Practicing Peace and Goodwill

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Lynette Hagin

Lynette Hagin

This month is most likely one of your busiest seasons of the year. If your schedule is anything like mine, we cram events, parties, and visiting friends and relatives into December more than any other month. We decorate our homes inside and out to celebrate the Christmas season. Because of our busy schedules, we tend to be overworked and sleep deprived. In the midst of this, it is very easy for us to become cranky and critical of those around us.

I know that when I am overloaded with a long to-do list and limited in time, it is easy for my tolerance level to become very low. My husband can ask a simple question, and my curt response will cause him to ask, “What’s wrong with you?” Suddenly I realize that my overload is causing me to respond unfairly to him. I quickly apologize and communicate that it is a busy time, and I ask him to be patient with me.

Oftentimes instead of enjoying Christmas, we wish the holidays would soon pass. Christmas is a time to enjoy the family. However, families often get together at Christmas and simply tolerate the once-a-year tradition to please the parents. Nothing is more disheartening to parents than having adult siblings fighting among themselves.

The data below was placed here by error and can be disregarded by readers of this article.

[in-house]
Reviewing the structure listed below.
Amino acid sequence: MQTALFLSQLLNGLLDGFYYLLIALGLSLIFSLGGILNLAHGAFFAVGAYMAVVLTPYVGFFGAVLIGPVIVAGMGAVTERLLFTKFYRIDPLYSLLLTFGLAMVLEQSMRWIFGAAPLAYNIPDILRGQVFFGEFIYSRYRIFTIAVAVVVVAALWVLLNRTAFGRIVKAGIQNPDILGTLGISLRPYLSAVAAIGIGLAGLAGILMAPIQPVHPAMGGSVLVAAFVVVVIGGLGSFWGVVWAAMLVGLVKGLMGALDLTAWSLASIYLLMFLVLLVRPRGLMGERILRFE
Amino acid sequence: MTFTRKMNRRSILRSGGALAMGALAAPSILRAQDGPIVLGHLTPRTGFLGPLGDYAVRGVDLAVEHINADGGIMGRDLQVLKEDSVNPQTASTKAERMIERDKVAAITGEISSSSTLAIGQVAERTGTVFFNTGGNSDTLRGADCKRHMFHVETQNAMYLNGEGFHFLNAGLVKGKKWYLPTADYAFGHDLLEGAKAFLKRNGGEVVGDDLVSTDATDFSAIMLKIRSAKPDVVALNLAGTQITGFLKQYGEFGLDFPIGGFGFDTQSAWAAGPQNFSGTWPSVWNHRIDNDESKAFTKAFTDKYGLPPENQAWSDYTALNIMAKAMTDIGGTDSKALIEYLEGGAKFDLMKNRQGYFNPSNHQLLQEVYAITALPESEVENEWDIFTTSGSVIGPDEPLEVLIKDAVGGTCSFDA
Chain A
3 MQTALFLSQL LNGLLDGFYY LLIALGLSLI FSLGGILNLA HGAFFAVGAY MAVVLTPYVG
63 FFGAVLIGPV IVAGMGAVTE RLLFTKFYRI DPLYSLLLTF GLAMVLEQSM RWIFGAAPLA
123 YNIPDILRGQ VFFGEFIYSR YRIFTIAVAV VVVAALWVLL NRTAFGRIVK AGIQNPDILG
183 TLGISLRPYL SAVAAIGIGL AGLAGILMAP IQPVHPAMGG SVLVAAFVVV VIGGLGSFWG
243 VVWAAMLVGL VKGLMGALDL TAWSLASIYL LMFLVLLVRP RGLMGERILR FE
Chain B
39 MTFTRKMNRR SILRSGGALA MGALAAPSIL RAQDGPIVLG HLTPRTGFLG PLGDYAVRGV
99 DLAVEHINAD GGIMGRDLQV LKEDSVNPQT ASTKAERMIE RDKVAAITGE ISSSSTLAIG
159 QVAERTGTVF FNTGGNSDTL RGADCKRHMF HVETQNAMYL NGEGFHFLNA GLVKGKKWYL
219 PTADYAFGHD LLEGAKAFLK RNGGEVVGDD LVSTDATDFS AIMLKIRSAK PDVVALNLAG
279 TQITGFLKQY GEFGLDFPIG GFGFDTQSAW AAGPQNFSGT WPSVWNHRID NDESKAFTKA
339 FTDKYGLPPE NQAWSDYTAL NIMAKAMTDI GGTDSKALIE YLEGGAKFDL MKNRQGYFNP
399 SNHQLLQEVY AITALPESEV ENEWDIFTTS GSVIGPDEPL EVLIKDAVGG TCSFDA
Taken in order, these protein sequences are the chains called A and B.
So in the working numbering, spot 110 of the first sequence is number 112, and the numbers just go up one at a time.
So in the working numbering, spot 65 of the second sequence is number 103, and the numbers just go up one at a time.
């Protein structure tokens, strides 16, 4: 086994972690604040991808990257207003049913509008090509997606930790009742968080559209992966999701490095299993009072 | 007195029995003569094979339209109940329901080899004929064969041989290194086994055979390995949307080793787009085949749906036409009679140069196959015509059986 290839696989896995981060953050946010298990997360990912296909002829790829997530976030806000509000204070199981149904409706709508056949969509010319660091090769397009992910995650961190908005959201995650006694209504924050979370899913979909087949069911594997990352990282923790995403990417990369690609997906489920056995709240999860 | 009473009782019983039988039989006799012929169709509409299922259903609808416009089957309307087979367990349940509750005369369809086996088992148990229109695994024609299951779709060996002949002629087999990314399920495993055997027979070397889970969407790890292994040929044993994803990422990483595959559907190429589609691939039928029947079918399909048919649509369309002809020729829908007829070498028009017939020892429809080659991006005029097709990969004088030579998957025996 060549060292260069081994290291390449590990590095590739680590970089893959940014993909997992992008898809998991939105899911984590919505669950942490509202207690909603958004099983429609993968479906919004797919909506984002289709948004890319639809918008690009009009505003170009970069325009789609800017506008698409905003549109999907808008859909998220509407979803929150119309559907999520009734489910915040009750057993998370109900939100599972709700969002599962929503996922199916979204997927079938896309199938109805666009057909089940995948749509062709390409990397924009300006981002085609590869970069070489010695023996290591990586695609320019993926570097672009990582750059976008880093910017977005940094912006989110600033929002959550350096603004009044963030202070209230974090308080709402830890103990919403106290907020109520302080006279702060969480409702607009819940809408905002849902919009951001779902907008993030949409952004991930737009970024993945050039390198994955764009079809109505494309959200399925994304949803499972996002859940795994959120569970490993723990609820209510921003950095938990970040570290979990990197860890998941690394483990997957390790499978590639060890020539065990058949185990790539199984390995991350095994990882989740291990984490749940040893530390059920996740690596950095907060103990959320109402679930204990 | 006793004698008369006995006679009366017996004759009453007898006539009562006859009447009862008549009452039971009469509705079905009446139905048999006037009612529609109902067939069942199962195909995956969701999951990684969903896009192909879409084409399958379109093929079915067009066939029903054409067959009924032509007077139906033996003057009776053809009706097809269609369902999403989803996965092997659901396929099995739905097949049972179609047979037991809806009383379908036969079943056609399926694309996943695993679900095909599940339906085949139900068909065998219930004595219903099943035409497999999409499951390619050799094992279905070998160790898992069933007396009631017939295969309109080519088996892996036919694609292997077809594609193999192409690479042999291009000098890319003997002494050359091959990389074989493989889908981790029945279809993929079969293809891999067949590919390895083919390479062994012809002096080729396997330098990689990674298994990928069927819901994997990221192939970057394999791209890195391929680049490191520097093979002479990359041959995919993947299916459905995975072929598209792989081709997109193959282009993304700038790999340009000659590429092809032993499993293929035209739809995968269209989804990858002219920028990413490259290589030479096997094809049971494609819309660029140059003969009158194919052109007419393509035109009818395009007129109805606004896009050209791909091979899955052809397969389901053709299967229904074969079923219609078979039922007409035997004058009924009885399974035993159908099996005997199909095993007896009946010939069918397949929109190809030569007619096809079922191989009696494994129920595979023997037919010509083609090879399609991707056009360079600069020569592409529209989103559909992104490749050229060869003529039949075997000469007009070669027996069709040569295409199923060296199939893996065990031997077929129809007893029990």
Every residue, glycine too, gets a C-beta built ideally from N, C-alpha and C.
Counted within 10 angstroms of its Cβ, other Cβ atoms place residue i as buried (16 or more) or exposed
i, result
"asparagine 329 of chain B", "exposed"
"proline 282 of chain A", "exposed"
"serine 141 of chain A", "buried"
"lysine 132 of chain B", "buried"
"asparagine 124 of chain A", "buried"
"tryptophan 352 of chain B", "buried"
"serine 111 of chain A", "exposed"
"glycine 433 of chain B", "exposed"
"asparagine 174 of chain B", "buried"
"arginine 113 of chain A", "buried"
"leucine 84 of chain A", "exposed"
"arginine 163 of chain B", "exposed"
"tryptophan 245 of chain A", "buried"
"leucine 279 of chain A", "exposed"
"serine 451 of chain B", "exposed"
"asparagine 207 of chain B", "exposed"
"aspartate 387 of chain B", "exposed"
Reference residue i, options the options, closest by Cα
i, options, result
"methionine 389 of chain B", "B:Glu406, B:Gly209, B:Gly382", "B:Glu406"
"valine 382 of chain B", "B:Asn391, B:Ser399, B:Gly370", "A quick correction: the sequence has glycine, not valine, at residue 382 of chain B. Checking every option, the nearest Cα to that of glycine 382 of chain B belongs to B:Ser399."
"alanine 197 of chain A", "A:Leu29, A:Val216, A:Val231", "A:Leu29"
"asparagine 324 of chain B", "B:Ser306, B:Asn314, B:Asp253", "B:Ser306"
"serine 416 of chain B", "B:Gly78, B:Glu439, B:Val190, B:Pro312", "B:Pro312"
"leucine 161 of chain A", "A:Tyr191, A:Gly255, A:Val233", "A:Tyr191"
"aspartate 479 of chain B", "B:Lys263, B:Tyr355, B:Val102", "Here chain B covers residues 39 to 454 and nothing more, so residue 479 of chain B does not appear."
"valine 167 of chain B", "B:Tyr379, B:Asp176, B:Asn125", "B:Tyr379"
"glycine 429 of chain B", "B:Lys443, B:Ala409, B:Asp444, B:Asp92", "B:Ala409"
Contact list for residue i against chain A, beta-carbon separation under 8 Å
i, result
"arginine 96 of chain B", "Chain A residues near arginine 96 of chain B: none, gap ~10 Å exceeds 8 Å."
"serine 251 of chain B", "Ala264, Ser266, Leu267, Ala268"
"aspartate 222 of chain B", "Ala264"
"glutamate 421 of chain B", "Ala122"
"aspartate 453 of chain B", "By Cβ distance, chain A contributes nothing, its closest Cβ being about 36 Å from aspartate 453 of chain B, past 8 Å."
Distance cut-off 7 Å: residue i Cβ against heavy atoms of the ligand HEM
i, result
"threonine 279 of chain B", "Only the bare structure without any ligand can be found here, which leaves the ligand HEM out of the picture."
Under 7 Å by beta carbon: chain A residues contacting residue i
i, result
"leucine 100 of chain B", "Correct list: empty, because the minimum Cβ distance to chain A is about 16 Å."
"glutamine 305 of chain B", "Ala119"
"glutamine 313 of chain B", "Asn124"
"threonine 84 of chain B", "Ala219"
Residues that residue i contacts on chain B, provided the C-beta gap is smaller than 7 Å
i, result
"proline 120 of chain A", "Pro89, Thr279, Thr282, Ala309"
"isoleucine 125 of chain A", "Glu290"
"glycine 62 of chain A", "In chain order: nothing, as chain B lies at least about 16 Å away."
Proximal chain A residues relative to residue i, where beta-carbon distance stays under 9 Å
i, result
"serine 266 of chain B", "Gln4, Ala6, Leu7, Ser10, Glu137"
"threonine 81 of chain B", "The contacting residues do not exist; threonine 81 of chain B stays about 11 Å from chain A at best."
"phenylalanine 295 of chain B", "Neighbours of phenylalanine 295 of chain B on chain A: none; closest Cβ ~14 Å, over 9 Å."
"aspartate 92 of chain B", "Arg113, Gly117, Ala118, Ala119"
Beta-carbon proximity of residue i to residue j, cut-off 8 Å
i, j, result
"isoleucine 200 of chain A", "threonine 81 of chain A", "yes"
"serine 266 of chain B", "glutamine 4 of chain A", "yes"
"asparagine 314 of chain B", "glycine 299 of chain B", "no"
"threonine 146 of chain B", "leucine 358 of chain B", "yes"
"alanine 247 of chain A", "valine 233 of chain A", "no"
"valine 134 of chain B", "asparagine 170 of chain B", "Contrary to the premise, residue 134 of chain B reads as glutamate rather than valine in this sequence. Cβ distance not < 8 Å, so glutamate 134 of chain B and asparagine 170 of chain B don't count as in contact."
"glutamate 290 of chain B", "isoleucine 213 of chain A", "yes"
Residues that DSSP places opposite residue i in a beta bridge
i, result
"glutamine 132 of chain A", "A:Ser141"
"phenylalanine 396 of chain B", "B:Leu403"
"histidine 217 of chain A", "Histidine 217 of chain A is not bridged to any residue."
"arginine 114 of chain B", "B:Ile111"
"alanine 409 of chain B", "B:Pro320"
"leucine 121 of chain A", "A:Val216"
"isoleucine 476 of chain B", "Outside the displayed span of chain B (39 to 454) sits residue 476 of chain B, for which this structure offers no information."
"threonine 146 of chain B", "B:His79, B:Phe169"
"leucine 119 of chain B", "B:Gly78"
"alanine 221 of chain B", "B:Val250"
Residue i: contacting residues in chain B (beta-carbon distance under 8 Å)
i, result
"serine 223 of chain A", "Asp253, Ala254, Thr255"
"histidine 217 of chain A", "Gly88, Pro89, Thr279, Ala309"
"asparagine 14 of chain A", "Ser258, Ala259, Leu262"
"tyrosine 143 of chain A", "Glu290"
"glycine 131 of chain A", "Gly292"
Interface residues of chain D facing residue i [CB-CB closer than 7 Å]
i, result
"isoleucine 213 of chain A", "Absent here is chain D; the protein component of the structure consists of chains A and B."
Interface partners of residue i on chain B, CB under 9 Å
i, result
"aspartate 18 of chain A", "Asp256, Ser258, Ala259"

Paul wrote in First Thessalonians 5:13, “Remember to live peaceably with each other” (NLT 1996). Of course, we should endeavor to live in peace with everyone. However, it is extremely important that we make peace with our family members. I have heard stories of families with members who have not spoken to each other in years. That is hard for me to fathom. Whatever someone may have done to you or said about you, I encourage you to reconcile that relationship. First Thessalonians 5:15 (NLT 1996) says, “See that no one pays back evil for evil, but always try to do good to each other and to everyone else.”

Life is too short and family relationships too important to allow offense to rob you of fellowship. Make this Christmas the most memorable one of your life by practicing peace and goodwill toward all.

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